Amazingly enough, considering how many copies SONGS FROM THE BIG CHAIR has sold, there is no book specifically about it or Tears for Fears.  A solid piece of analysis, Mad World, does a nice job of explaining the appeal of New Wave.  This book, however, would be a help rather than a competitor.  Roland Orzabal has written an autobiographical novel, but, again, this will help rather than hinder a book on SONGS FROM THE BIG CHAIR.

Why me?

From a personal standpoint, I fell in love with SONGS FROM THE BIG CHAIR the day it arrived on the shelves of my local record store.  I’ve been playing it non-stop for thirty years, and I love it today as much as I did in 1985.  I have written five biographies and co-authored or edited two other books.  The biographies have especially done well—in terms of critical acclaim and sales.  I write weekly blogs for one major website (the site receives 150,000 reads/month), and I founded a popular website dedicated to music, progarchy.com.  I’m also quite active on/with social media.  I have a sizeable reading audience, overall, and I have connections with record companies, musicians, and publishers.  And, I’m obsessed with writing!  Hypergraphia.

Which 33 1/3 books?

I’m a fan of the series.  It reminds me very much of the types of books published in the interwar period—the books such as those in Essays in Order (ed. by Christopher Dawson) and in the Criterion Misc. Series (ed. by T.S. Eliot).  Short, intelligent, crisply-written books meant to be read in an evening or two.  Of the series itself, my favorite is ACTUNG BABY.  I think that the author does a perfect job of mixing his own ideas (theological as well as philosophical) and his own voice with the ideas and voice of Bono.


Any person who is nostalgic for the 1980s.  This means, of course, a whole slew of folks in their forties and fifties, each in the middle of her or his career and most with disposable income.  That Mercury has just released the definitive six-disk box set of SONGS FROM THE BIG CHAIR, overseen by master audiophile, Steven Wilson, will help as well.  But, also, anyone interested in good music—whether jazz, rock, or classical—will like the book.  My music website, progarchy.com, will promote this book as much as possible.  Progarchy.com has over 3,000 permanent subscribers, and we receive anywhere from an additional 500 to 8,000 reads per day.  Finally, Tears for Fears is about to release a new album, and this will add to the interest of SONGS FROM THE BIG CHAIR.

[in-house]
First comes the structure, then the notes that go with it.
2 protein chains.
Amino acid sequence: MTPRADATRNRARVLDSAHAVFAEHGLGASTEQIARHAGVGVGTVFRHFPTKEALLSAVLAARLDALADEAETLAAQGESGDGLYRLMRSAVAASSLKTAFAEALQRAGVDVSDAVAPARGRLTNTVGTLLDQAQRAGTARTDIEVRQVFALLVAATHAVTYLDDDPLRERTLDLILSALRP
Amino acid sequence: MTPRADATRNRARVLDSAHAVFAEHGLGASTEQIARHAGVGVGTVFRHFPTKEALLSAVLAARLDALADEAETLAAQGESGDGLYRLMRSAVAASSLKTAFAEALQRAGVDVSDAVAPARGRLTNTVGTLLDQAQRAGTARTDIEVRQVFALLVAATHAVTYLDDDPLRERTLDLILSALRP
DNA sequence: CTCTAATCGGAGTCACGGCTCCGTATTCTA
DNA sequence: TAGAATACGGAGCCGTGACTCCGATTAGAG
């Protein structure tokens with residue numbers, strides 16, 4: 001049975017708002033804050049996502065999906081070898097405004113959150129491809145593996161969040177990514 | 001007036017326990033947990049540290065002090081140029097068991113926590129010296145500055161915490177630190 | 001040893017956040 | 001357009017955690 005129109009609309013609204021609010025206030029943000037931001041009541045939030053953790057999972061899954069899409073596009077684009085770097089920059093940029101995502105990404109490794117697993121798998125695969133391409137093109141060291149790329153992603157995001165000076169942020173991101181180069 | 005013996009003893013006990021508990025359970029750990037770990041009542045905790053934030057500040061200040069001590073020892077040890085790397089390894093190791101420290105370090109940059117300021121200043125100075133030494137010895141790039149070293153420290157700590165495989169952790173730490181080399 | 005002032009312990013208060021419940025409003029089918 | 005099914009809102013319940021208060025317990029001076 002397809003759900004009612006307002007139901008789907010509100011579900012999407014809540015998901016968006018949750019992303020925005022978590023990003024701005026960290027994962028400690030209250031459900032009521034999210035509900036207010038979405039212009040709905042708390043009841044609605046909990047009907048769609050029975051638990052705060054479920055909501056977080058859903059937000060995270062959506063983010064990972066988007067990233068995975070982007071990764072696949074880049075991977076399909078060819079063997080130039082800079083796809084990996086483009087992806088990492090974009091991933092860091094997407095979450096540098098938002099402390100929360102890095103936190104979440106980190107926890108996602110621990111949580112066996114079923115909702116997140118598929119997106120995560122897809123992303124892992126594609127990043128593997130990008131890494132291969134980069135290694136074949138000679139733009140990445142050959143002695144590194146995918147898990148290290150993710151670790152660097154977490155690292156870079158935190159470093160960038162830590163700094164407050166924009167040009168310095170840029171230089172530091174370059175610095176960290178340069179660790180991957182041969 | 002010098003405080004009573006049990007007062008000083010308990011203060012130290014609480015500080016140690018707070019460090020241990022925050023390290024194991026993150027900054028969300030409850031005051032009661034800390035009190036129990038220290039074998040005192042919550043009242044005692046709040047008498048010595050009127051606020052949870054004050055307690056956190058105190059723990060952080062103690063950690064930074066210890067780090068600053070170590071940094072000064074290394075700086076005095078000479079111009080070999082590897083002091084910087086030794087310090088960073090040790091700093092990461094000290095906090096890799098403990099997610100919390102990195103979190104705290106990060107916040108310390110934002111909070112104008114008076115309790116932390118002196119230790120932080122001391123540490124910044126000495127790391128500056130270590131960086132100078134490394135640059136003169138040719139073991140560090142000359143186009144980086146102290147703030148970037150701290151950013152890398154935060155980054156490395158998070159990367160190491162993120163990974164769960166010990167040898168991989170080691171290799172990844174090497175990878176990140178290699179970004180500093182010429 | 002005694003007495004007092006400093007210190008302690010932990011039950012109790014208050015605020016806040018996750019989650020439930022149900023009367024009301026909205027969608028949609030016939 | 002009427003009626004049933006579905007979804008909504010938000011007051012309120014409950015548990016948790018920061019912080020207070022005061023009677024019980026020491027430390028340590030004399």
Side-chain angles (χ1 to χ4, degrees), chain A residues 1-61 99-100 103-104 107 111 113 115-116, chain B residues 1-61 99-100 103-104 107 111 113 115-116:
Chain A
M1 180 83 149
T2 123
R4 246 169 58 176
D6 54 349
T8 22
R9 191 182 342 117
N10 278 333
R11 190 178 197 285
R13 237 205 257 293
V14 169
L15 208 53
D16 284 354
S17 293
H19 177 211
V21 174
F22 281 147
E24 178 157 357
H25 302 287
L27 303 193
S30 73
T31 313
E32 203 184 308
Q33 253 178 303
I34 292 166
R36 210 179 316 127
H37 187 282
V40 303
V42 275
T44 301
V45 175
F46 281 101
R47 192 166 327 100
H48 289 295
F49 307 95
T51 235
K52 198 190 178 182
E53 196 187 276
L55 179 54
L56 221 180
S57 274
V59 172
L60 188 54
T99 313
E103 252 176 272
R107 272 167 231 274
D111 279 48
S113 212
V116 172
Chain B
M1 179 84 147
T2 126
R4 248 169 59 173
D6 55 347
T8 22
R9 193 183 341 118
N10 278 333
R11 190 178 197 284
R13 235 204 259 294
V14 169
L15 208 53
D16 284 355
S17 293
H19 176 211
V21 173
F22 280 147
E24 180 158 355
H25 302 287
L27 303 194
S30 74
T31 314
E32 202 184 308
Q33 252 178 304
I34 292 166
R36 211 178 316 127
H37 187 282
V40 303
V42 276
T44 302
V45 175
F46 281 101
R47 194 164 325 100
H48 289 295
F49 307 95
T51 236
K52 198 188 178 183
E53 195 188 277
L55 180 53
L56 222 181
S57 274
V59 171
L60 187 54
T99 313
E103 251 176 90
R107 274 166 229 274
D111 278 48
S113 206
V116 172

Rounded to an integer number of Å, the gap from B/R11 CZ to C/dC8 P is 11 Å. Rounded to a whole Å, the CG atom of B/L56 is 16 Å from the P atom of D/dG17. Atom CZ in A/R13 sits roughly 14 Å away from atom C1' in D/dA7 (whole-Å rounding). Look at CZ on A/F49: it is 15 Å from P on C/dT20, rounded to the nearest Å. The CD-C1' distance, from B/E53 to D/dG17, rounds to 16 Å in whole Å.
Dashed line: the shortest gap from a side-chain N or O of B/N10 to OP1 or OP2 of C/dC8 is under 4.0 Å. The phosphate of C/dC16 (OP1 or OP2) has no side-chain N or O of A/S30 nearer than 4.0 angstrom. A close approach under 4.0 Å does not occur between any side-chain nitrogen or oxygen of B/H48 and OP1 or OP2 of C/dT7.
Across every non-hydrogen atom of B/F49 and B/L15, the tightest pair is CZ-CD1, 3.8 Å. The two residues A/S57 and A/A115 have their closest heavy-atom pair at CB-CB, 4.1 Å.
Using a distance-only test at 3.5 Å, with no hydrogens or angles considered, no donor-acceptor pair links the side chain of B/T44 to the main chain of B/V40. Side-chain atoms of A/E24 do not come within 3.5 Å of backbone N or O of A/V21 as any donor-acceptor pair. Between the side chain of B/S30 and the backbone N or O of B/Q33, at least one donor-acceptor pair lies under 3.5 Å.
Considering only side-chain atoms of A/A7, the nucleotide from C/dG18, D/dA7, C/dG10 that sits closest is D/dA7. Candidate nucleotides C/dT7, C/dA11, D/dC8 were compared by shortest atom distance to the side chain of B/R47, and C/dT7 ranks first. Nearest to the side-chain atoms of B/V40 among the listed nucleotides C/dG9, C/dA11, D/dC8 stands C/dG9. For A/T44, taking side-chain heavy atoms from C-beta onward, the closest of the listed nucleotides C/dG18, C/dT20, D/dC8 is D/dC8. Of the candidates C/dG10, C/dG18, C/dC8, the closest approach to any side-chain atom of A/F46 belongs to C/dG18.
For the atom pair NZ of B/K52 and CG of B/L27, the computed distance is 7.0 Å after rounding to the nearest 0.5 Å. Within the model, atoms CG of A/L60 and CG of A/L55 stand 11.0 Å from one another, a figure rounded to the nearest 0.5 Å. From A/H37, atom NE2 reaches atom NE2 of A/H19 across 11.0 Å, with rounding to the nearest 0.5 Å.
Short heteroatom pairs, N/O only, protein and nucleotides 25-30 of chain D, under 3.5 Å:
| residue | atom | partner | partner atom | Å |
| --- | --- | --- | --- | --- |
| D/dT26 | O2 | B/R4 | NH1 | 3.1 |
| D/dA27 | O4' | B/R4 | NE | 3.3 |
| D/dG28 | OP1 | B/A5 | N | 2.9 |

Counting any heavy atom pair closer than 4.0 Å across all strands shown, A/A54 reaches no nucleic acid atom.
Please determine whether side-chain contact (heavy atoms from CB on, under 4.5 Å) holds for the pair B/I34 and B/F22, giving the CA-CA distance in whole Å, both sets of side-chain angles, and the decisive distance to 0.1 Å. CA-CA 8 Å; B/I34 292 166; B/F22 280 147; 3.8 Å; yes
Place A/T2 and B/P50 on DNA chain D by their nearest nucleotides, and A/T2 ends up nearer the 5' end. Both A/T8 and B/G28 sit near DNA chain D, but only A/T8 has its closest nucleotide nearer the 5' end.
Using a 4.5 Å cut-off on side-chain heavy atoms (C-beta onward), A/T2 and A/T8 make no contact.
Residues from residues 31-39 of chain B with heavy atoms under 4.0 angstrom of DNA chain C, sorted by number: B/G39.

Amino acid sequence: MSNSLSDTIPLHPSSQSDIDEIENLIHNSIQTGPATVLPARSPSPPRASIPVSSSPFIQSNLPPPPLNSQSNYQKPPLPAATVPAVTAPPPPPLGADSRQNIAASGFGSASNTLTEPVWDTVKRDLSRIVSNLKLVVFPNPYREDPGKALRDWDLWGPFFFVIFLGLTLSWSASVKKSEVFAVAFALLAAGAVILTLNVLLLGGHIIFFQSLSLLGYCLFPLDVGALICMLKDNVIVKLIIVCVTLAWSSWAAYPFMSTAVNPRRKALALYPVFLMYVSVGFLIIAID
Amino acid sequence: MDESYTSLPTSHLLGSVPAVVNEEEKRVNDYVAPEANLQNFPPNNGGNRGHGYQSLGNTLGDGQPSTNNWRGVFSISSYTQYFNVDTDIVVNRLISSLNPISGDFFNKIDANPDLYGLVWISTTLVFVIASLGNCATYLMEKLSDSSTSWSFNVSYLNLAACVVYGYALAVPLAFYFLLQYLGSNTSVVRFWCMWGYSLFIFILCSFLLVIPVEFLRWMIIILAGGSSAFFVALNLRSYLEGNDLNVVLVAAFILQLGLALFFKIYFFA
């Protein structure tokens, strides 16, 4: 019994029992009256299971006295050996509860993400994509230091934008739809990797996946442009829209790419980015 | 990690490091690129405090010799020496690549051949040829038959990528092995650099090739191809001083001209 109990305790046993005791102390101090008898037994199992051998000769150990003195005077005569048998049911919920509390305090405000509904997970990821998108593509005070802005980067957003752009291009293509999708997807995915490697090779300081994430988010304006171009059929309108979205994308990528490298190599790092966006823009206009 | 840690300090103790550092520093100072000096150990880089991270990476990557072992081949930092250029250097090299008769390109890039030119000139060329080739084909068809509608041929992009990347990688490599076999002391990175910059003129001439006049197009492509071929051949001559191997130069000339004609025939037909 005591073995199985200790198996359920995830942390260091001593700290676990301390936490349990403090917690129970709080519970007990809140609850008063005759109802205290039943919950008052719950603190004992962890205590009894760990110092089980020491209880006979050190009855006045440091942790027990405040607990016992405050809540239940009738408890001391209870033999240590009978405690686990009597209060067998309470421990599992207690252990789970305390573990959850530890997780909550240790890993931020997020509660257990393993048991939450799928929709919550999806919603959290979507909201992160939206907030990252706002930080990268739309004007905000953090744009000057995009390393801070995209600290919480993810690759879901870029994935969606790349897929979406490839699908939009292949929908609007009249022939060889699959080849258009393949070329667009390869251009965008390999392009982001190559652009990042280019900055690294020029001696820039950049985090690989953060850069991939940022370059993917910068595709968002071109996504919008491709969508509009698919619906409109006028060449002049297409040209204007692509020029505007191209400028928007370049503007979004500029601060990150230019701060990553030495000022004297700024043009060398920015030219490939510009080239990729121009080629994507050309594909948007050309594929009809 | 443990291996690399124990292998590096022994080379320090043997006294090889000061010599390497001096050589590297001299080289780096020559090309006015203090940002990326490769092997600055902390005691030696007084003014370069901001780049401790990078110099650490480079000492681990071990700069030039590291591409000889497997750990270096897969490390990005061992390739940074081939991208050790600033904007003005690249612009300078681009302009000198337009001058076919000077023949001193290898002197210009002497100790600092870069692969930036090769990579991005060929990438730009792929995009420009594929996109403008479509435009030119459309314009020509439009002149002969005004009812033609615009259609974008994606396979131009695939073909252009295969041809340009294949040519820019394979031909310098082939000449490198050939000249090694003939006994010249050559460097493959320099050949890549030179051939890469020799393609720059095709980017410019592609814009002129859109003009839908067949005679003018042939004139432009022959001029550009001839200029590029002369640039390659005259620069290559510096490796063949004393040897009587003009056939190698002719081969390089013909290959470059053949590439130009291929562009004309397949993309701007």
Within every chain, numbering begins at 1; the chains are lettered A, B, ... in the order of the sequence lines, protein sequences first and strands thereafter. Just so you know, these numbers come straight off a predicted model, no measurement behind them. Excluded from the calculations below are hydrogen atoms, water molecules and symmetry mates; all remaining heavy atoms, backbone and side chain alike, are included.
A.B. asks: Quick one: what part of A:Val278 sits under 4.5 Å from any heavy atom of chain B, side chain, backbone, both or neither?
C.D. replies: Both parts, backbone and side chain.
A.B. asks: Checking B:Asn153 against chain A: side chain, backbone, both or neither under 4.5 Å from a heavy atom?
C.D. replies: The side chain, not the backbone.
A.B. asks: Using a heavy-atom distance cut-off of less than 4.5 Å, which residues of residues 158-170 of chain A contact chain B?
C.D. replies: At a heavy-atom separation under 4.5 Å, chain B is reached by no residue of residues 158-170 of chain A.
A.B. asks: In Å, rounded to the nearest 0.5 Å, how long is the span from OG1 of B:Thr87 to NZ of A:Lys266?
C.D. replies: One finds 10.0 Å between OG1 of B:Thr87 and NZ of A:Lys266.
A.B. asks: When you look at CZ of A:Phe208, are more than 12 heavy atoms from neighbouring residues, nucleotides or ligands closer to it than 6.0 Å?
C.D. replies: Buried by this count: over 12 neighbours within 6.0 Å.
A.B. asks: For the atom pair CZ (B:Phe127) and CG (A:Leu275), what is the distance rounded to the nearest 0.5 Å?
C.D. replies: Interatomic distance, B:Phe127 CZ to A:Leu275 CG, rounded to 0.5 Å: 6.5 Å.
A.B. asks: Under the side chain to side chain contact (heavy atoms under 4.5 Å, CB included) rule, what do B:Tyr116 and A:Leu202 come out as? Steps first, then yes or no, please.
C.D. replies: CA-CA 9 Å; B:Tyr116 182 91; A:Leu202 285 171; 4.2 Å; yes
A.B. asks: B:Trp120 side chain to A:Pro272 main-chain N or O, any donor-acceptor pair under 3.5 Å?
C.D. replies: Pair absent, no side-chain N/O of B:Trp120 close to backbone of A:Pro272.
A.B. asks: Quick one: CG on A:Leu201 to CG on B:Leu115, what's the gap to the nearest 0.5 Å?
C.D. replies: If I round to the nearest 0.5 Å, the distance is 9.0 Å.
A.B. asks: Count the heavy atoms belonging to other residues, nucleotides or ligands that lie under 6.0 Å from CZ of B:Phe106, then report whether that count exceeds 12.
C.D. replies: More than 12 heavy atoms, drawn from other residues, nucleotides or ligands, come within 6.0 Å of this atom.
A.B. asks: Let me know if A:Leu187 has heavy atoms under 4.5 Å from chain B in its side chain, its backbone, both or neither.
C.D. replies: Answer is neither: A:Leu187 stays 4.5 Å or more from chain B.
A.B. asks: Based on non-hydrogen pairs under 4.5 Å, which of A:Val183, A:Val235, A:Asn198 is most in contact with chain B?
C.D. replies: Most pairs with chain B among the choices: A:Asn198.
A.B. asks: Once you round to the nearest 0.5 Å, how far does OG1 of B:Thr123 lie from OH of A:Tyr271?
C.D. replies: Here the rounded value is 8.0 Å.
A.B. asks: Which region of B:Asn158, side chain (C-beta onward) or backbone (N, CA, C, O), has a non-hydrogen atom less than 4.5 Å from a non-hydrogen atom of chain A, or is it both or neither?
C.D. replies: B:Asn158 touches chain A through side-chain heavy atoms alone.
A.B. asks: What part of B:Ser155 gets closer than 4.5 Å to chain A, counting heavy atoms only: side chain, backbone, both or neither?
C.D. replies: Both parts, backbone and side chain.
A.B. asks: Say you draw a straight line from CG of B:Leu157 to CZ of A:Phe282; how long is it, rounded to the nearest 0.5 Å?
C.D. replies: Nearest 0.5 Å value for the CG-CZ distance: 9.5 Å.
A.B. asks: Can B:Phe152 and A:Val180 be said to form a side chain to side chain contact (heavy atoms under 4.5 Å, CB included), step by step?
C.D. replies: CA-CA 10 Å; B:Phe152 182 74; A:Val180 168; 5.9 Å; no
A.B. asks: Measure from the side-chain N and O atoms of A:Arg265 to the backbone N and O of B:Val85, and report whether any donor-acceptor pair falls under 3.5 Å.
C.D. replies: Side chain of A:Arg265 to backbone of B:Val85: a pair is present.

I also have an extensive background in public speaking and radio (some TV).  I will promote this book with a happy and professional intensity!


I’m flexible.  I’m a fast writer (serious, though), and I could have this to you as early as January 1, 2016.  You set the date that’s best for you, and I will meet it.


As mentioned above, I love the series.  I wish more publishers did this kind of series, and I would be deeply honored to be a part of it.

Sample writing

[N.B.  This is taken from a retrospective I wrote for progarchy.com.  It’s a bit more personal than I would make the book on SONGS FROM THE BIG CHAIR, but I think it will give you an idea of why I like the album as much as I do.  Also, it’s worth noting that PROG magazine (Issue 53; February 2015), used my piece as the basis of an article by Paul Lester, “How Prog Were Tears for Fears?”]


Title: About As Good as Pop Gets

As I finished my junior year of high school, Tears for Fears released its second album, the first to make it huge in the U.S., Songs from the Big Chair.

The first album, The Hurting, proved the sheer brilliance of Orzabal and Smith, but it also felt very, very, very, very (ok, I’ll stop–but, really, very) constricting.  As Orzabal and Smith released their primal screams and healed their own hurts, the listener entered into a sort of padded but rhythmic asylum for 41 minutes and 39 seconds.

Possibly the breath would simply disappear if that album went on 21 more seconds.  Imagine Andy Summers shouting “mother!” or Phil Collins begging for his “mama” but with serious prog sensibilities.  Well, you get The Hurting.


In contrast, Songs from the Big Chair, though still thematically dealing with emotional and mental trauma, sends the listener into realms of openness and euphoria.  The entire album is full of possibilities, full of what might have beens–all of them good, a cornucopia of aural pleasures.  For the listener, Songs from the Big Chair is one huge intake of morning air in the Rocky Mountains.  This is pop at its purest, achieved, really, only by the Beatles and XTC.  Rarified.


Side one (yes, I’m old enough to remember sides).  Frankly, the two American hits, “Shout” and “Everybody Wants to Rule the World”, are the weakest tracks on the entire album.  But, that said, they’re still brilliant.  “Shout” is righteous pop, filled with a soaring guitar that might fit nicely on a Big Country album.  “Everybody Wants to Rule the World” is a clever dig at oppression and imperialism, dressed in a sunny tune.